Destroyed De Tomaso Dilemma

Posted May 06, 2019

By Dean Larson

Photos: Seller, eBay

The ad says “for complete restoration or parts car,” but lets be honest, this car won’t be restored, not in the foreseeable future anyways. With damage this extensive, this 1972 De Tomaso Pantera hardly has any usable parts left to donate. The extent of its destruction will have most enthusiasts blurting out words like junk, or scrap, at the sight of a wasted exotic, but when you get down to it, this Pantera has value, and determining what its future should be is actually a difficult question to answer.

This Pantera was just six years old when it was involved in a serious, likely fatal, accident in 1978. By the shape of the wreckage, it seems safe to assume that speed was a factor, as every side of the car is crushed in some unfathomable fashion. The car would not even be recognizable as a Pantera from most angles, if not for its distinctive magnesium wheels.

After the fateful wreck, the Pantera likely bounced around a few salvage yards, as it requires the right set of circumstances and the right dismantler to find its final purpose. And that yard is PorFor Auto Dismantlers in this case, short for Porsche Foreign Auto, as the company has an extensive array of exotics for sale, many of them Porsches.

As it sits on the pallet at the salvage yard, I think we’ll all agree that this De Tomaso is not destined for restoration. The Pantera is a desirable and valuable exotic, but driving examples can be had for less than $70,000. In addition, there’s nothing left here to restore. No body, no chassis, and very few (if any) mechanical parts in salvageable condition. Forget about the wheels, as these magnesium Campagnolos can crack from your average pothole and curb mishaps, and are prone to corroding away in open air. At the most, you’re talking some bits and pieces that are usable, maybe some transaxle parts (as the bulk of the case has been destroyed in the wreck), and possibly the engine. That being said, the engine has been sitting in the open for four decades, meaning its probably locked up tighter than (name a noun). If you need a period-correct block badly, this engine may work with some extensive machine work though.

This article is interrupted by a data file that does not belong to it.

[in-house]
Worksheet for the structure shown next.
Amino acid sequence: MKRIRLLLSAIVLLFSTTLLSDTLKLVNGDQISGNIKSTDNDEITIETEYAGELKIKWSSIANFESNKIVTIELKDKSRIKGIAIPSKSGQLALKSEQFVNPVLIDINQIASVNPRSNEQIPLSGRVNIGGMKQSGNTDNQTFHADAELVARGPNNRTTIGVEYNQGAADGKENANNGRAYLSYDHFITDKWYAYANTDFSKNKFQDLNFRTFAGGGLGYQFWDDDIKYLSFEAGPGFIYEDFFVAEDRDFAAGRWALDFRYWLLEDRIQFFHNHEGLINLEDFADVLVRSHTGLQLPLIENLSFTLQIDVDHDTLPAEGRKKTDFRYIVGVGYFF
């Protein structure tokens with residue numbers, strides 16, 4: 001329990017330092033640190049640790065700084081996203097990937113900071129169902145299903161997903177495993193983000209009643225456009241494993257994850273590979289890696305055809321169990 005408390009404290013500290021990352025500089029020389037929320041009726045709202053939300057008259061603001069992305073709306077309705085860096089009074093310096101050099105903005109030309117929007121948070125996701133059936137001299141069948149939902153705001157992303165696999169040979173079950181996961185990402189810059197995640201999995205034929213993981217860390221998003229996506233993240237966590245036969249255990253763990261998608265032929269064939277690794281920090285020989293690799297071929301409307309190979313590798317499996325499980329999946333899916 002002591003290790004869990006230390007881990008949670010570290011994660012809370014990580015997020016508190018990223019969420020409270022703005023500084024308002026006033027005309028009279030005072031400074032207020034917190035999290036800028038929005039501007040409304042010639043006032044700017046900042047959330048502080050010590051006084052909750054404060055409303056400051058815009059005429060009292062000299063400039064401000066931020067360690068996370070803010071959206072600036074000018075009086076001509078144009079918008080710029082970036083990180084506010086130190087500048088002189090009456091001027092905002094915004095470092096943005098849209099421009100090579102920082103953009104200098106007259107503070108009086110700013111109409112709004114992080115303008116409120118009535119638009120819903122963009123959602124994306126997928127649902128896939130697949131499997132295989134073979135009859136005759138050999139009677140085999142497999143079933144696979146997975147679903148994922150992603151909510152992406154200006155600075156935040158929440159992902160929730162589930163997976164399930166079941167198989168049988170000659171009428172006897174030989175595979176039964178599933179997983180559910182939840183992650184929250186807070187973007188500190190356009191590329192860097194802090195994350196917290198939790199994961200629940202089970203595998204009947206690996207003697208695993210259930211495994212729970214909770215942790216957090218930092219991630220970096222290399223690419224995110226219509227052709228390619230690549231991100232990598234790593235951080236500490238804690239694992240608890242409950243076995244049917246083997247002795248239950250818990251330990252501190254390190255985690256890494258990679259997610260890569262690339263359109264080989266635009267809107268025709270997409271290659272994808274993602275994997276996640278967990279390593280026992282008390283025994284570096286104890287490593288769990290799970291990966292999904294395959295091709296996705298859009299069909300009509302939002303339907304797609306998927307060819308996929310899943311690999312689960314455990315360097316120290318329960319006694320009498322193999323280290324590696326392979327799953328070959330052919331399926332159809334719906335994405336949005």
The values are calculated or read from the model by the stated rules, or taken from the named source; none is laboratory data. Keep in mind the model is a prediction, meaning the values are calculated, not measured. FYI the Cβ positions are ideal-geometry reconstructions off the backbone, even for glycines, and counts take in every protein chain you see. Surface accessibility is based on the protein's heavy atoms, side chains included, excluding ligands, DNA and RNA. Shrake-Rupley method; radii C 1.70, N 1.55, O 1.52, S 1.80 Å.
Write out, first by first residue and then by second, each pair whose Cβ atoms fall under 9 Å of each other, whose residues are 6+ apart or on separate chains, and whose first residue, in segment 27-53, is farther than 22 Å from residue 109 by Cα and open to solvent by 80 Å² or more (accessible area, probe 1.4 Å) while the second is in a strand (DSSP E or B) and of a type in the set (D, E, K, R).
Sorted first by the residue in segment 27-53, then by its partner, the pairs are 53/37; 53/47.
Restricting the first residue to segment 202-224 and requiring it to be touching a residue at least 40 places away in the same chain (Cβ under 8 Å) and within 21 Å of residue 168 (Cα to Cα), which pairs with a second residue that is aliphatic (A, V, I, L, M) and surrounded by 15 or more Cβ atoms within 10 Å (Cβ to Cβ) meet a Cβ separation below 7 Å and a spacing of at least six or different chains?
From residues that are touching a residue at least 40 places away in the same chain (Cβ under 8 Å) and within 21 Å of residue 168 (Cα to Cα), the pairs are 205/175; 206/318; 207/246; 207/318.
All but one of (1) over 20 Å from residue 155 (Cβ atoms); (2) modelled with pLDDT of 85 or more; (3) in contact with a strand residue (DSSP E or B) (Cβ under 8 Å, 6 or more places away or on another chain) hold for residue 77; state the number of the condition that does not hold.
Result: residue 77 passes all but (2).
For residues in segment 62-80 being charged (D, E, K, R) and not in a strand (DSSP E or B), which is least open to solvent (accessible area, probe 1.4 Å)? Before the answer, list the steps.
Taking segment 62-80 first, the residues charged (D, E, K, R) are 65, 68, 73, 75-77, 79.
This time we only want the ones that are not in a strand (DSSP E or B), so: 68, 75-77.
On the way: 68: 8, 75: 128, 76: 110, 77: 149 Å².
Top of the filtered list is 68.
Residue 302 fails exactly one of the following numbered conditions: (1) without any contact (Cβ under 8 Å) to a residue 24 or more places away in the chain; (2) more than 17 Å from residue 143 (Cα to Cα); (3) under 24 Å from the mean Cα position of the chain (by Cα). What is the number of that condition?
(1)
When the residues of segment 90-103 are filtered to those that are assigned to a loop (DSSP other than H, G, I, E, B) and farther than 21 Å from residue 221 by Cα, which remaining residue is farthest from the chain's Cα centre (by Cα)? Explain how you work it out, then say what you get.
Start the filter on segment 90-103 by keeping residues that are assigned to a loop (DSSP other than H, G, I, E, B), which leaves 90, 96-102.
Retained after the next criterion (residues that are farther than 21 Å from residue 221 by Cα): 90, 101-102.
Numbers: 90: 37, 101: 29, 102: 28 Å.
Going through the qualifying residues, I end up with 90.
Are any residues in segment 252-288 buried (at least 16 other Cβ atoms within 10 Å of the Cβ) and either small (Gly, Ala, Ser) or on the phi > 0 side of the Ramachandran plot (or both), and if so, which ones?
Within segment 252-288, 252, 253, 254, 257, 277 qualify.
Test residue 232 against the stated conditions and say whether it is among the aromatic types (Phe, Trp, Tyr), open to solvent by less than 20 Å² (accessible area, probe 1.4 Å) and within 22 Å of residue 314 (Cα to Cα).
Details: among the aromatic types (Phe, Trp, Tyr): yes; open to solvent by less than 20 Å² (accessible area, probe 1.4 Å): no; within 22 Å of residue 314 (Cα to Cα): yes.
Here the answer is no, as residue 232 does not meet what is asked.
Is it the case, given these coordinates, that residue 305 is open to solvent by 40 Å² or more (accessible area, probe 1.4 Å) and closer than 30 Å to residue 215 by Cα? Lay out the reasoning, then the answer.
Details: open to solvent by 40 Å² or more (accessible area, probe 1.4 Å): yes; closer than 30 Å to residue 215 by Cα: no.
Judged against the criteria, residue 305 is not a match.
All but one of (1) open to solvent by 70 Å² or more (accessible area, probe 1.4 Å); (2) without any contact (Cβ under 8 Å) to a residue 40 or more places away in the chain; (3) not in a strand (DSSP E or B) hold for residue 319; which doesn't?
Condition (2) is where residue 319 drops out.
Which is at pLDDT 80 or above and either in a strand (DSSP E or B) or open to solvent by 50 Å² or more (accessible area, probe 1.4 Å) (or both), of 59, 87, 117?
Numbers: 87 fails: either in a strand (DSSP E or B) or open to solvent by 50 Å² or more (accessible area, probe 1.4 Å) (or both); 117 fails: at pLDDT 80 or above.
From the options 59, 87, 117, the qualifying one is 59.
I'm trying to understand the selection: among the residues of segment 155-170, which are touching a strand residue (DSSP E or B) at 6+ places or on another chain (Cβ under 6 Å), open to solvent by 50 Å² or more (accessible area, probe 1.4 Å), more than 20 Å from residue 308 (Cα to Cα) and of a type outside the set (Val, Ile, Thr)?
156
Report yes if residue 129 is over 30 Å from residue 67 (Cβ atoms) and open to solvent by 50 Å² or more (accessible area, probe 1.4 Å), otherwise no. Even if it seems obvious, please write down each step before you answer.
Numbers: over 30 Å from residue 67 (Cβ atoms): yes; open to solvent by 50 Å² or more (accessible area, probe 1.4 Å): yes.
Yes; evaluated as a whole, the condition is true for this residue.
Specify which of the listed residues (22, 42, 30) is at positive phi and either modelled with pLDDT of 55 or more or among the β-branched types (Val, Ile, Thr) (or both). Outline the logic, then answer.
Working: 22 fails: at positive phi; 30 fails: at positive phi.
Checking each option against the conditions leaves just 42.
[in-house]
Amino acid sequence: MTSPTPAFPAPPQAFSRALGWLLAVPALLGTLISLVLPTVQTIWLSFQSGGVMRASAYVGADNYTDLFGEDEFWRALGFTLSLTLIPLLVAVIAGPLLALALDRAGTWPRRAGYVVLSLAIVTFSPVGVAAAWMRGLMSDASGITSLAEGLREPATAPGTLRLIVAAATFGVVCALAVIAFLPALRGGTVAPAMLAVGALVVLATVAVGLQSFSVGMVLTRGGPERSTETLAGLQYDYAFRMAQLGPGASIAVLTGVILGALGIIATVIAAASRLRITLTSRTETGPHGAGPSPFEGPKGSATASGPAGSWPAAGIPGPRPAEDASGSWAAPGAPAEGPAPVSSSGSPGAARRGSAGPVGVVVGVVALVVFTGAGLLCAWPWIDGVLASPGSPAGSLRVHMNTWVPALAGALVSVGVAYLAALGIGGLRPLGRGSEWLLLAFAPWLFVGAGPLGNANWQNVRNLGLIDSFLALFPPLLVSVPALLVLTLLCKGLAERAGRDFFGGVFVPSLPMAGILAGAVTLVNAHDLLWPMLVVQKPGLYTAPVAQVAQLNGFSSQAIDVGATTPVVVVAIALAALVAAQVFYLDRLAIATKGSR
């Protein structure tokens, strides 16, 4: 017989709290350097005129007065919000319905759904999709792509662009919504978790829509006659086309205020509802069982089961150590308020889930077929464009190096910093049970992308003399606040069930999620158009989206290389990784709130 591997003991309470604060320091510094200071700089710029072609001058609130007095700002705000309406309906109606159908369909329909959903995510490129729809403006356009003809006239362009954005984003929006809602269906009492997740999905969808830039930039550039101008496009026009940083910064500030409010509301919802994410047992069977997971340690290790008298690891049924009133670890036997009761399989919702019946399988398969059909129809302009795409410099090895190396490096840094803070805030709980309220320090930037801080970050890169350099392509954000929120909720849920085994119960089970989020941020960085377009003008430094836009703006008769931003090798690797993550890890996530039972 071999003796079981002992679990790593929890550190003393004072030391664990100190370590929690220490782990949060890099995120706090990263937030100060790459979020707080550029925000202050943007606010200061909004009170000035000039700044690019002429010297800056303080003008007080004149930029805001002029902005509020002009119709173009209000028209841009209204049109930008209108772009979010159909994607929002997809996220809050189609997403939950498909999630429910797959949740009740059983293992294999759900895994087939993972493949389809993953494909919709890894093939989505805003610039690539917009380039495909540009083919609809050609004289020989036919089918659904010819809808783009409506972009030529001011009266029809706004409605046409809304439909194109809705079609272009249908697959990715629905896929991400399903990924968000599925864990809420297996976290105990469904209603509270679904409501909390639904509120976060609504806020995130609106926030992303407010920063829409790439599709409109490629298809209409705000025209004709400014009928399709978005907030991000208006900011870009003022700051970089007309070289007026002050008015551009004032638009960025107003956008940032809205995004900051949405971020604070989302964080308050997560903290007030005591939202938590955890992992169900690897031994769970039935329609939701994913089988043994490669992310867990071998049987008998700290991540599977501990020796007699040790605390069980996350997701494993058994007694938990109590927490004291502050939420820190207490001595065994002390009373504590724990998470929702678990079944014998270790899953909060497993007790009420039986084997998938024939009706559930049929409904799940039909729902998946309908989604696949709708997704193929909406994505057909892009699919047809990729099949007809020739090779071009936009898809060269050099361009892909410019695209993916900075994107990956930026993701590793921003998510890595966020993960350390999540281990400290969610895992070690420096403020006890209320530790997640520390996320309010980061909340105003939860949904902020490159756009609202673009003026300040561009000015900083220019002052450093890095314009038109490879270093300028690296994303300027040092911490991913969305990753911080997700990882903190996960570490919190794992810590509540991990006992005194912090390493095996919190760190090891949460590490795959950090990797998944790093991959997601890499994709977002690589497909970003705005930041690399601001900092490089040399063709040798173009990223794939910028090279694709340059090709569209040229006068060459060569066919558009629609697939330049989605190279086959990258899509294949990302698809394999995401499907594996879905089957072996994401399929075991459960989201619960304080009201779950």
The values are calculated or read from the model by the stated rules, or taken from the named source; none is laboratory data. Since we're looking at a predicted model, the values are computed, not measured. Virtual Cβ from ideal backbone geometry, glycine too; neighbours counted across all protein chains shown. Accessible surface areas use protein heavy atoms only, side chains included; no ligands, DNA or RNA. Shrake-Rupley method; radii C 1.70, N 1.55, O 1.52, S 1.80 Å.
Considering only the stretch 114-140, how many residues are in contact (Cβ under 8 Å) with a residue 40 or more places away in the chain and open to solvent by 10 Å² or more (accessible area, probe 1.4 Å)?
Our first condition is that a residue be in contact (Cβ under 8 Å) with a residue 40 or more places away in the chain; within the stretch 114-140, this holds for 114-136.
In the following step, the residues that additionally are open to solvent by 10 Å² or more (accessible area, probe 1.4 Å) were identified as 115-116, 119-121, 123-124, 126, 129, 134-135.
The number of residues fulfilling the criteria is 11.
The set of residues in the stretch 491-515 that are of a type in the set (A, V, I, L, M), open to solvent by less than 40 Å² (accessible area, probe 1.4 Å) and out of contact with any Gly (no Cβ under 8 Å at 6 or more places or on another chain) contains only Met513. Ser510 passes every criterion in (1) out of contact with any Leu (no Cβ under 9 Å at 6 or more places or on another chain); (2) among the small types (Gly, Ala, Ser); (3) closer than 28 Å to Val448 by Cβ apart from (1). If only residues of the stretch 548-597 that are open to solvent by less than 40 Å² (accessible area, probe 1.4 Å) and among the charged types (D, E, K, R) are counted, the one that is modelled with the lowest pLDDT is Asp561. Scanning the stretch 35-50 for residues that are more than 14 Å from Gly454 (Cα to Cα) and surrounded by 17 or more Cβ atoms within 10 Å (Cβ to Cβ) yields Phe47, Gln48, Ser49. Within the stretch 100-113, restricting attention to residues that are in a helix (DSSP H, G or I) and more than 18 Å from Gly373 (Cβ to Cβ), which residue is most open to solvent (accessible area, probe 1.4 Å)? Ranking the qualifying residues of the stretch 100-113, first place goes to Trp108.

With all this in mind, you might be surprised to see the $16,000 price tag on the ad, rather than “free if you haul it away.” And that leads us into the nitty gritty legal stuff, and a few moral dilemmas. The Pantera is worth very little in its physical form, but the car still carries a clean 1972 title. And in our world of red tape and BS, a title can be worth its weight in gold.

We normally shy away from the idea of applying a title and VIN from one vehicle to another vehicle, as it’s not only unethical, but also highly illegal. We took our stance on that in this article regarding a wrecked ’69 Shelby GT350, stating that this car should be restored, rather than having its identity stripped and repurposed.

But this Pantera is much worse off than the Mustang was, and is honestly not restorable in its current state. Sure, a team of talented craftsmen could recreate the car piece by piece with a colossal investment of time and money, but then wouldn’t you have a whole new car anyways? And while its legal and more ethical than using this title on a different Pantera, the prospect of rebuilding this car from scratch is not practical at this time.

So what should become of this desolate De Tomaso? In a perfect world, someone would recreate the car from scratch, honoring the original car and the people affected by this accident. But in the real world, this car will likely give up a few parts and its legal identity to save another Pantera, a practice we cannot condone on paper, but why not get another car back on the road if there’s truly no legal funny business.

Or of course, you could let this car languish under your lean-to for a few decades (as long as you’re okay with ghosts of days past lurking your property). By then, we’ll be able to simply 3D print new parts to fix this old exotic, or a brand new one all together. Yeah right…

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De Tomaso Wrecks